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Brighton Festival 2019


Hayley Fohr

Genre: Film, Live Music

Venue: The Old Market


Low Down

A visually stunning film made in 1923 with a modern soundtrack, which gives us a rare opportunity to sit and focus in and take time to slow down and watch something that was produced in a much slower-moving world.


This show presented a rare opportunity to see the extraordinary silent film Salome (1923) with a new live soundtrack written and performed by Hayley Fohr of Circuit Des Yeux. The venue was packed, and the audience enraptured throughout, at the spellbinding beauty of Fohr’s voice combined with the bizarre and enchanting imagery of the film. The film is based on the one-act play by Oscar Wilde, which in turn is based on the biblical story. The play was initially banned in 1892 on the basis that it was illegal to depict Biblical characters on the stage, but was finally published, with illustrations by Aubrey Beardsley, in February 1894. It was these illustrations that formed the basis for the look of the film, and it was this rather than the storyline (which was quite minimal) that made the film so watchable, with futuristic sets designed by the film’s star, Alla Nazimova.

Salome has an iconic status as a queer film and depicts themes of lust and sexuality, the male gaze, and homoeroticism. Fohr has added a new dimension and meaning to the work, making the way it explores power relationships relevant to the modern day as she has re-contextualised the work to fit the psyche of a modern woman. She took the decision to remove the inter-titles from the film, so we were left the space to explore our own personal interpretations of these themes as the film progressed.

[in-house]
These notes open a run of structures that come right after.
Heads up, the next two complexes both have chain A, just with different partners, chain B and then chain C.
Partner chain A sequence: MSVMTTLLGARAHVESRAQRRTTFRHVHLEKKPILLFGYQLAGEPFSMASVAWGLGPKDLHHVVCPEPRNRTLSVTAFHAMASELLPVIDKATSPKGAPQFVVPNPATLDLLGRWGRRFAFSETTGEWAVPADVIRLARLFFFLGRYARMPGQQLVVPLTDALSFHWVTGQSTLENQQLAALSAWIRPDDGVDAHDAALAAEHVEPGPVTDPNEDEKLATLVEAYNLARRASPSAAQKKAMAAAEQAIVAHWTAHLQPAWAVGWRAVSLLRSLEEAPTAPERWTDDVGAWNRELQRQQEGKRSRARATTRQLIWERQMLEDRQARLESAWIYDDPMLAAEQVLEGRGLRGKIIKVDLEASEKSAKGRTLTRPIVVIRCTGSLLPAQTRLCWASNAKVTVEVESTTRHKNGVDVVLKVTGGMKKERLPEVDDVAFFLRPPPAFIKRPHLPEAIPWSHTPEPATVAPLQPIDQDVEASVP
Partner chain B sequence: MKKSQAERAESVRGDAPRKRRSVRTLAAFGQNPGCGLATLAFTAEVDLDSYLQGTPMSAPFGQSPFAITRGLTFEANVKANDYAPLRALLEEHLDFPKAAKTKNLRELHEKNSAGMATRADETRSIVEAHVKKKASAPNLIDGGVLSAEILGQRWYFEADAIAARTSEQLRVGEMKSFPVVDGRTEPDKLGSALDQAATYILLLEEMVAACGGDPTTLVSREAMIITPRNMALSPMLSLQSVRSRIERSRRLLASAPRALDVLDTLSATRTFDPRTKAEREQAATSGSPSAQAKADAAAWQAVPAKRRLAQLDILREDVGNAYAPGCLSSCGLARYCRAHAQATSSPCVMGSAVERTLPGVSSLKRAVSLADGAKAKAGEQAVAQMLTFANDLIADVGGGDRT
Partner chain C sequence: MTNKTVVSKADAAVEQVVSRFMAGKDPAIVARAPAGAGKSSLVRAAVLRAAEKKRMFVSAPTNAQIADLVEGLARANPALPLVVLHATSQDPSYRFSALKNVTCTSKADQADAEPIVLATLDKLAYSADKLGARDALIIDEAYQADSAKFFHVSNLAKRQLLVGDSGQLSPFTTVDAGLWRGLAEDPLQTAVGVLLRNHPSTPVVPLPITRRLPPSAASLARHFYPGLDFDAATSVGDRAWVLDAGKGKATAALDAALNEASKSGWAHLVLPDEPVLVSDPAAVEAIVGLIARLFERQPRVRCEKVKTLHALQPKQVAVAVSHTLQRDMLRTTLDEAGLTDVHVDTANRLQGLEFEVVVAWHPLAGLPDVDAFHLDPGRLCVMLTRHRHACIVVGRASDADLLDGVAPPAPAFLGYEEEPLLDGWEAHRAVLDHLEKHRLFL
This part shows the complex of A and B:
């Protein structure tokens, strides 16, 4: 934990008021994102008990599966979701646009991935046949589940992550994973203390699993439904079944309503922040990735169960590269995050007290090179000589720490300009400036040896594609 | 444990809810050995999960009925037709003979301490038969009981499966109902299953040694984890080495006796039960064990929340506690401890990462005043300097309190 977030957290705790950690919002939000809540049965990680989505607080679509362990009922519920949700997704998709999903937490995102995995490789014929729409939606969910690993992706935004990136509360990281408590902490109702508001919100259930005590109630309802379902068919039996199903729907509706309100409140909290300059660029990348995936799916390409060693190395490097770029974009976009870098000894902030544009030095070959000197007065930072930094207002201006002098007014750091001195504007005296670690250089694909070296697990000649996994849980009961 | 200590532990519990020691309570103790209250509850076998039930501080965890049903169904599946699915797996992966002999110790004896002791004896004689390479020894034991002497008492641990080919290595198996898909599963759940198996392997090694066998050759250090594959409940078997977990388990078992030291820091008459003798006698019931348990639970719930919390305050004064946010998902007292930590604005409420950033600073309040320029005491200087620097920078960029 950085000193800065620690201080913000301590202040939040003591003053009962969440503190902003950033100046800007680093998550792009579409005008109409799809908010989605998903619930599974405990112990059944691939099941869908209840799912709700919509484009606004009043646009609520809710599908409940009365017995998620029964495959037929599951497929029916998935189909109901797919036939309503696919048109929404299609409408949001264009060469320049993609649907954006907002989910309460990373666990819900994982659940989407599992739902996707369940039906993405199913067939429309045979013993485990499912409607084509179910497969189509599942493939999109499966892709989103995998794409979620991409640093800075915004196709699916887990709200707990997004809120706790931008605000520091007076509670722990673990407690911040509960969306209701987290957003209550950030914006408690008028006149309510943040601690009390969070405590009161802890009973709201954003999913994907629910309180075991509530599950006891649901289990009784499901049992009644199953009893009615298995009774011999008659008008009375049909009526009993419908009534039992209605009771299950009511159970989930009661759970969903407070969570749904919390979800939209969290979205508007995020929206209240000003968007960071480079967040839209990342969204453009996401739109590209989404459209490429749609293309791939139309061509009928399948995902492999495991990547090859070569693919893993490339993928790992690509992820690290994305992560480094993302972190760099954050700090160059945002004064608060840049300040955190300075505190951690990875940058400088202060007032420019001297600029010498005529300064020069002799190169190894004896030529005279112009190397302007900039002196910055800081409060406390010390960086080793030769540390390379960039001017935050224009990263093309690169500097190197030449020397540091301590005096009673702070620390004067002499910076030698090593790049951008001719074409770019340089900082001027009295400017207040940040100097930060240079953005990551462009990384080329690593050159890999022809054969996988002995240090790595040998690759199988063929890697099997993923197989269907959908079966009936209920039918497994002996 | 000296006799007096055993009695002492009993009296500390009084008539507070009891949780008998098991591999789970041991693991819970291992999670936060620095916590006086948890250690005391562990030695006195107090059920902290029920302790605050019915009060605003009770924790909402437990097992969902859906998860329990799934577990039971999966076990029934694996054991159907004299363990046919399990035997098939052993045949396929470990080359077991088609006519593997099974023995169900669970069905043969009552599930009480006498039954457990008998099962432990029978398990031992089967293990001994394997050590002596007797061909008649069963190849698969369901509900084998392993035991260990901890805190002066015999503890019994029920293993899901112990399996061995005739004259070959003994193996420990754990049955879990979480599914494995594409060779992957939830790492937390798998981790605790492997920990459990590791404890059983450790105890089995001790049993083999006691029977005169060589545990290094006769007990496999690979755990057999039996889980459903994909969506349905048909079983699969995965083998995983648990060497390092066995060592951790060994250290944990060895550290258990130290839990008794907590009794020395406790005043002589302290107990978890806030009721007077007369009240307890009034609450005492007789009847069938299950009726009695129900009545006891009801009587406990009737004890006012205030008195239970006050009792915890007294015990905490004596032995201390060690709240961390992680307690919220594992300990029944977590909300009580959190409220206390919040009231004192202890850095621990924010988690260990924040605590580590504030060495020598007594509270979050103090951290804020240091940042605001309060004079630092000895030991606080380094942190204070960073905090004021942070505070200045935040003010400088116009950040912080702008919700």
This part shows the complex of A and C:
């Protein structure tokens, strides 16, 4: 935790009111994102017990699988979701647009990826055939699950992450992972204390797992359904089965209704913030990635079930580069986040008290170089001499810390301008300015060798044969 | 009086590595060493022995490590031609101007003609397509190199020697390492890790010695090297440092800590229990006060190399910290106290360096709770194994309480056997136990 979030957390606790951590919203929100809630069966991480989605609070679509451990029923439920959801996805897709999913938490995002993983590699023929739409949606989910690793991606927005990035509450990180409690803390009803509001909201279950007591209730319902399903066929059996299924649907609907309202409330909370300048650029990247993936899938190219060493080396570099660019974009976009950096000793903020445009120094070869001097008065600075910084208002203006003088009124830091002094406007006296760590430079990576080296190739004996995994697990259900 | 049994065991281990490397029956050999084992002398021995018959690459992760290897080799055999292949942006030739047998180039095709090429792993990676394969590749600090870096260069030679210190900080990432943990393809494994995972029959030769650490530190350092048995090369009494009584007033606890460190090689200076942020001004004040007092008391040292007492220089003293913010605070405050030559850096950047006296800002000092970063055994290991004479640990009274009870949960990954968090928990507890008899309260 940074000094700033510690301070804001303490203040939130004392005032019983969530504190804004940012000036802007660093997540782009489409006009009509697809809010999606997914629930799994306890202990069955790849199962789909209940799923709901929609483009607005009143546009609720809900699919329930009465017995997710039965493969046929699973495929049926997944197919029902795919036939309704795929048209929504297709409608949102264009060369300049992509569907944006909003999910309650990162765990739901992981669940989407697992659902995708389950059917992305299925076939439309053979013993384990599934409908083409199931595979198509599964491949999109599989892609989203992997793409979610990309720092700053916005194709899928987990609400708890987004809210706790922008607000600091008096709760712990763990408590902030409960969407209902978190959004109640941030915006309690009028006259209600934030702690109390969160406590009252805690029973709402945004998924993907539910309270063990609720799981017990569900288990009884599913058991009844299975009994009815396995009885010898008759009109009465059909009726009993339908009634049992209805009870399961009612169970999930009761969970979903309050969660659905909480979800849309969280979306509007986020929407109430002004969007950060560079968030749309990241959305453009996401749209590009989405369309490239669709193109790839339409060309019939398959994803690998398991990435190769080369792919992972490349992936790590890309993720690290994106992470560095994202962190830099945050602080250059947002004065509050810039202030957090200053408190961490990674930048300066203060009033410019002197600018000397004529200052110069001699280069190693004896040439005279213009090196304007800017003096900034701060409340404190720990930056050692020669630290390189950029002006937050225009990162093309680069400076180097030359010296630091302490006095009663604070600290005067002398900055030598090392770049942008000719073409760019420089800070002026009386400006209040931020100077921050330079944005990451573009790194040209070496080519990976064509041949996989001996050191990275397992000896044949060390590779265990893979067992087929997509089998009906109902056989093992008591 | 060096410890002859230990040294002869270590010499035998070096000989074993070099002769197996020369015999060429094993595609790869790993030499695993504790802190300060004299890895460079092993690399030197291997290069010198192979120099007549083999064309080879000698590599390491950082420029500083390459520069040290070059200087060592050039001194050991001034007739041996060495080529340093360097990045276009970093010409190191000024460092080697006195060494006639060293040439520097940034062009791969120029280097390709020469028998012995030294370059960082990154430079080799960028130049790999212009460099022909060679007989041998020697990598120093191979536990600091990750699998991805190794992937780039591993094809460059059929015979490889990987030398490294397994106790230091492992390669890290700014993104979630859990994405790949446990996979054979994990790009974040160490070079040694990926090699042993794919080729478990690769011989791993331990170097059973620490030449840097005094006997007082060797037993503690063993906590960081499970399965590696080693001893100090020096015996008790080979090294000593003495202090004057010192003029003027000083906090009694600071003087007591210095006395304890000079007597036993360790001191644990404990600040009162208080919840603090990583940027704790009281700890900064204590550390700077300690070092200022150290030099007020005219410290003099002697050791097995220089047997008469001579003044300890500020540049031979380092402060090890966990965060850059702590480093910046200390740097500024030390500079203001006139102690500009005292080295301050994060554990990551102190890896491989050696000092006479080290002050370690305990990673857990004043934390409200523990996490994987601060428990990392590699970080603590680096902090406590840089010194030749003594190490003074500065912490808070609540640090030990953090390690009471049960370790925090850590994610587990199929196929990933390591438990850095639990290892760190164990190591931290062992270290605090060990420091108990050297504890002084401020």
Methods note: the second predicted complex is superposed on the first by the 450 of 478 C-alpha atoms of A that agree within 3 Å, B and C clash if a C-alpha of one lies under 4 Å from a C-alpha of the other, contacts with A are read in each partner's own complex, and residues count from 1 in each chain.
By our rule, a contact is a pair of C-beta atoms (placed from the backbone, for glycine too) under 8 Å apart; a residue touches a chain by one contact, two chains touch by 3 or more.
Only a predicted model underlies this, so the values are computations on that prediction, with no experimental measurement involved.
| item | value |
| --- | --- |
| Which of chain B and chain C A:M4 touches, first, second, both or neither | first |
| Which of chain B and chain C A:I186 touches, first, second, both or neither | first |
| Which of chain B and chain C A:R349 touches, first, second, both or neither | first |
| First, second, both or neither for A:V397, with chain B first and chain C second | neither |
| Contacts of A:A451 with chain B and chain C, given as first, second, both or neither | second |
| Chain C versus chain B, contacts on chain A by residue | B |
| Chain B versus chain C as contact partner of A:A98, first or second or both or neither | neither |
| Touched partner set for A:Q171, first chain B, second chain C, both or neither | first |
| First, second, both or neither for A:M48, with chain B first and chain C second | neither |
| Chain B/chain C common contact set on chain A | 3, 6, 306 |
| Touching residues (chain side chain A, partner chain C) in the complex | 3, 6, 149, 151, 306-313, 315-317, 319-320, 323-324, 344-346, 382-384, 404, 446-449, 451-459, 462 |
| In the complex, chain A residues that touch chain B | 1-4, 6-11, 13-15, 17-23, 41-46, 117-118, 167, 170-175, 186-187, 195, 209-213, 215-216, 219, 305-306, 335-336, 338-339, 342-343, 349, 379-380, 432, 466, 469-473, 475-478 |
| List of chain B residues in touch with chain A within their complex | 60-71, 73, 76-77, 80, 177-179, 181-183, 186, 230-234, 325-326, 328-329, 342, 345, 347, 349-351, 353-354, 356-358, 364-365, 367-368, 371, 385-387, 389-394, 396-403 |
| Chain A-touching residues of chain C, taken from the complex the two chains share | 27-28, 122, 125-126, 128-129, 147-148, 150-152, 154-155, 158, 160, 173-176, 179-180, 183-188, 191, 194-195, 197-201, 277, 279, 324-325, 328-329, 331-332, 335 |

The musical score was presented in 12 acts, with foreboding sounds illustrating conversations and power dynamics, emotional struggle and desire. Fohr herself was on vocals and electronics, with Richard Jones on viola, Eloise Riddell on double bass and Daisy Palmer on drums.

The futuristic set had such an impact that the audience burst into laugher a few times especially early on – Herod looked like Frankie Howard or Ken Campbell in a flowery bath cap  and Nazimova’s boob tube must have been truly shocking in 1923. There were costumes reminiscent of 1960’s psychedelic swinging gear, and  dancing rectangles like playing cards reminiscent of Alice in Wonderland. Stripey hats, black oblongs, 1960’s – style clothing that looked like it was made from lycra, midgets, ethereal otherworldly imagery and nipple rings all contributed to make it astonishing and hard to believe that this film was not a more modern creation.

It was a rare opportunity to sit and focus in on something slow and mesmerising, to take time to slow down and watch something that was produced in a much slower-moving world.